- Oops!Something went wrong.Please try again later.
Mike Sensibaugh, a key part of Ohio State’s 1968 national championship football team and still the school’s leader in career interceptions, has died.
He passed away Wednesday after a cardiac incident in suburban St. Louis. He was 72.
Sensibaugh was part of the fabled “Super Sophs” class that arrived on the Ohio State campus in 1967. Freshmen weren’t eligible to play then, but the next year that recruiting class led the Buckeyes to a 10-0 record and national title.
Sensibaugh was first-team All-Big Ten in 1969 and 1970 and a first-team All-American the latter year. He had 22 career interceptions, which is the most in Ohio State history and third-most in Big Ten history.
Sensibaugh played eight seasons in the NFL, five with the Kansas City Chiefs and three with the St. Louis Cardinals. He had 27 interceptions in the pros.
David Sensibaugh, one of Mike’s four siblings, said that his older brother downplayed his football accomplishments.
“He did not at all want attention drawn to himself,” David Sensibaugh said. “He was not a person that would say, 'Hey, I'm Mike Sensibaugh, Ohio State All-American or professional football player.’ He was very humble in that regard.”
Sensibaugh grew up in the Cincinnati suburb of Lockland. He was a quarterback as well as on defense in high school and was given the option of playing on either side of the ball at Ohio State. But Rex Kern was also part of his recruiting class, along with holdover Ron Maciejowski, and Sensibaugh realized defense was the way to go.
As a defensive back, he combined his intelligence, speed and instincts to form an imposing back duo with legendarily hard-hitting safety Jack Tatum.
The 1968 team defeated a Southern California team led by Heisman Trophy winner O.J. Simpson in the Rose Bowl to win an unexpected national title. The 1969 team was even more dominant until it was shocked by Michigan in the season finale. The 1970 team was undefeated until losing to Stanford in the Rose Bowl.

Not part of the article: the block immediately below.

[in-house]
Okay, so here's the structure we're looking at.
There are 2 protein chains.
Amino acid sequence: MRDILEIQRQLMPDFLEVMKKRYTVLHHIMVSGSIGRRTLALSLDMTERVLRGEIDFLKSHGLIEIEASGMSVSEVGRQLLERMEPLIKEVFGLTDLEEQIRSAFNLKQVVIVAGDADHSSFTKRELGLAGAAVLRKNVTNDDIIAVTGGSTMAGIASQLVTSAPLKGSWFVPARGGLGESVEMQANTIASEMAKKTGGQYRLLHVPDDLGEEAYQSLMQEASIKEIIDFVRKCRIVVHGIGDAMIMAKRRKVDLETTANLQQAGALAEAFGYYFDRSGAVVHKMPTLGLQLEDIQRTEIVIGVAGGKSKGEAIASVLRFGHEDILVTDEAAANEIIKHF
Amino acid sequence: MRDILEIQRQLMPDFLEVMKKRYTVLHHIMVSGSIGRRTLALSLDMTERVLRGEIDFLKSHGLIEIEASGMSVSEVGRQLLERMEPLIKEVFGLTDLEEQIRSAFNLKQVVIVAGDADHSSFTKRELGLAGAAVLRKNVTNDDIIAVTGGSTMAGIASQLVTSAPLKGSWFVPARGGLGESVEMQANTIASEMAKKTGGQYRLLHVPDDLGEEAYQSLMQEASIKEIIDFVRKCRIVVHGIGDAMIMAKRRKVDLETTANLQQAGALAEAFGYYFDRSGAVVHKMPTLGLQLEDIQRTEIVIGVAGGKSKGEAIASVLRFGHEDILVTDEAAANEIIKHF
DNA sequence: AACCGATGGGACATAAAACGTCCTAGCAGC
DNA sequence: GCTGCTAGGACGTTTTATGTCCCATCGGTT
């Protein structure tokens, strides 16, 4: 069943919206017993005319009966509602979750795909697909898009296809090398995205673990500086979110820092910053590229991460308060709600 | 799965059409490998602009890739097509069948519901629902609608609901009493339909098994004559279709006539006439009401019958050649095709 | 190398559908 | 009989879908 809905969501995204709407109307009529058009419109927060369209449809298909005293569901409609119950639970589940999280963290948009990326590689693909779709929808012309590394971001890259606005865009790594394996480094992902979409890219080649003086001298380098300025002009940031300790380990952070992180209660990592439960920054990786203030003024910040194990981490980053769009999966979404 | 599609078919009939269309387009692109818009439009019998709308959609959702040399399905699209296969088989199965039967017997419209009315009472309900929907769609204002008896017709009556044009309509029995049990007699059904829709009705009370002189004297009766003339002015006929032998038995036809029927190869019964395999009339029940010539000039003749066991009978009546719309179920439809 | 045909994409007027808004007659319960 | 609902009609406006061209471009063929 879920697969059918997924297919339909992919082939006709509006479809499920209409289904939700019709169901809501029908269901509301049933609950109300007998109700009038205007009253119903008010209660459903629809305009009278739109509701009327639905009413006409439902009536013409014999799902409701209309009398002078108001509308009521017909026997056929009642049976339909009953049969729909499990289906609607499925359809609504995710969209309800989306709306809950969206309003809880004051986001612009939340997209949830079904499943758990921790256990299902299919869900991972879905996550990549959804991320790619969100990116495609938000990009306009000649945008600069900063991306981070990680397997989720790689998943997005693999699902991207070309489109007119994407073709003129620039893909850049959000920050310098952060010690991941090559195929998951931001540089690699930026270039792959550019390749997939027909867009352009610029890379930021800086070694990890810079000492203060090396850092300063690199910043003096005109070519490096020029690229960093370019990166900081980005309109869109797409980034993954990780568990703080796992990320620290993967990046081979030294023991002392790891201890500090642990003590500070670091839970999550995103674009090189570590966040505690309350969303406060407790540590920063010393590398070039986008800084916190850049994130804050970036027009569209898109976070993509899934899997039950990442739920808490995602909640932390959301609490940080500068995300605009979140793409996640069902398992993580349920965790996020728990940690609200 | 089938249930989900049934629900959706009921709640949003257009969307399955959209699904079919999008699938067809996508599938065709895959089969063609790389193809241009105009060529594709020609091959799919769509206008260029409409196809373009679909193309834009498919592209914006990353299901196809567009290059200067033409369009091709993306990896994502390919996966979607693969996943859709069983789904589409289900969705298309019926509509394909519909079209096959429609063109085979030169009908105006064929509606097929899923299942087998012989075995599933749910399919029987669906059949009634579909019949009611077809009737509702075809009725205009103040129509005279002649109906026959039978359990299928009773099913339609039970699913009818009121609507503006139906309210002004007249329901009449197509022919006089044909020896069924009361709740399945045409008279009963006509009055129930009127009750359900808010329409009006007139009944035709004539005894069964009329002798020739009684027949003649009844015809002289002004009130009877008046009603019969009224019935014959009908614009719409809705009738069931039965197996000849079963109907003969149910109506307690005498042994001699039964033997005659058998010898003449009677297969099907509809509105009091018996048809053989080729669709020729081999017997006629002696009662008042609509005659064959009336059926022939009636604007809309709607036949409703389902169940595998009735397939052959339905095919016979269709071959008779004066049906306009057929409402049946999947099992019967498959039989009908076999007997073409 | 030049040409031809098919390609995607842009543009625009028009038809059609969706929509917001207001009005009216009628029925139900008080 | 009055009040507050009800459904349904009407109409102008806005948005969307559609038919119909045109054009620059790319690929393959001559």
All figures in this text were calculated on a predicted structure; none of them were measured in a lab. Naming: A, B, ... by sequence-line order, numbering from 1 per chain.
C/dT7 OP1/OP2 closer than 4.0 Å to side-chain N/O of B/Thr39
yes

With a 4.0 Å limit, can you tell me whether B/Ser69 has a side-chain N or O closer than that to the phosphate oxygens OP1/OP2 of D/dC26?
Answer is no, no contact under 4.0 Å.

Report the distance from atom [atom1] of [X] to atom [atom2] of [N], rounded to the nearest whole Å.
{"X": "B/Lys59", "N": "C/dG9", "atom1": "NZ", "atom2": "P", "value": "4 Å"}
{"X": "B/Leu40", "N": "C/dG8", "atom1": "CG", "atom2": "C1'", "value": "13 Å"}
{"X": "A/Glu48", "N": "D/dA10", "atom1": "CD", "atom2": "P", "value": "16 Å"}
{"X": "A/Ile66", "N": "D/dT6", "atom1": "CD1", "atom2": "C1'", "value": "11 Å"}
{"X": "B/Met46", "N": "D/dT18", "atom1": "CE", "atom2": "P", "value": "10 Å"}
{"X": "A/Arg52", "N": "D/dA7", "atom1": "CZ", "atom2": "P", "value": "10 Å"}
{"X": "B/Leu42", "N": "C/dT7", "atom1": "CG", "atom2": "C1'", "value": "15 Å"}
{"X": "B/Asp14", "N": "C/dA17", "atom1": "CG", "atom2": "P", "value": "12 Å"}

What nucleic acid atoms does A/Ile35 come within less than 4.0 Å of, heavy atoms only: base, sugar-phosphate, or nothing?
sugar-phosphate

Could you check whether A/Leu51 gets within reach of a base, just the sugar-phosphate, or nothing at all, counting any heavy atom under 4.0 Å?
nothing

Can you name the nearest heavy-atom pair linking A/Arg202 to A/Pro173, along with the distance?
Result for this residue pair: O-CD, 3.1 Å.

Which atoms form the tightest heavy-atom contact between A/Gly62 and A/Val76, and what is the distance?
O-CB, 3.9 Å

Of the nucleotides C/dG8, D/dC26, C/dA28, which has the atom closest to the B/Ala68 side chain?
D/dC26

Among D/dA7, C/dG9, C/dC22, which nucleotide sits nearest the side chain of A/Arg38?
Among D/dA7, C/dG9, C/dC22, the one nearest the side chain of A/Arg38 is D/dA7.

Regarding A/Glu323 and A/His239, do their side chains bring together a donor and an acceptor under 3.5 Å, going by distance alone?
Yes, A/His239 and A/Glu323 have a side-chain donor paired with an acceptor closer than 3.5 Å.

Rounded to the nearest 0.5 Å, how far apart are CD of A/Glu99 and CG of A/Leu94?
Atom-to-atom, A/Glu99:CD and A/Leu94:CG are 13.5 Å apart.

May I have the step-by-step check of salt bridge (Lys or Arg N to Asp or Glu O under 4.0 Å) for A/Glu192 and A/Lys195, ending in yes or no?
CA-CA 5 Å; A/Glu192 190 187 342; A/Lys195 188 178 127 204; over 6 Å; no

“I think he was very proud of what they accomplished,” David Sensibaugh said. “It was this amazing group that stuck together, played together, and I think loved each other deeply.”
“He was just an incredible athlete. He was fearless. He didn't have a lot of injuries, but when he did, he would certainly play through them.”
Sensibaugh was also the Buckeyes’ punter, setting a Rose Bowl record for punting yardage.
"I know we've had some awesome Buckeye teams recently," said Rudy Hubbard, the OSU running backs coach during Sensibaugh's career, "but for those who aren't old enough to remember, Mike Sensibaugh was a member of arguably one of the greatest teams in Buckeye history. Mike was a great athlete. He could pass, punt and was a defensive wiz."
Sensibaugh was only an eighth-round draft pick by Kansas City, but he was a solid and respected pro.
“He played bigger than his size and he had an eye for the ball,” David Sensibaugh said.
He said that came partly from his background as a quarterback. He said Chiefs quarterback Len Dawson would often pick Mike’s brain after practice for a defensive back’s point of view of certain plays.
“He was just an incredible student of the game and just incredibly intelligent,” David said.
After Sensibaugh’s pro career ended in 1979, he settled in the St. Louis area. He owned a business servicing and installing swimming pools and was an avid hunter.
Sensibaugh had three children — Doug, Amy and Cara. He and his wife Dana were married for 29 years.
Sensibaugh was inducted into the Ohio State Athletics Hall of Fame in 1997. A few years later, the Touchdown Club of Columbus chose him as part of Ohio State’s All-Century team.
Donations in memory of Sensibaugh may be given to the Concussion Legacy Foundation, 361 Newbury St., 5th Floor, Boston, MA 02115 or online at concussionfoundation.org.
This article originally appeared on Buckeye Xtra: Former Ohio State, NFL player Mike Sensibaugh dies at age 72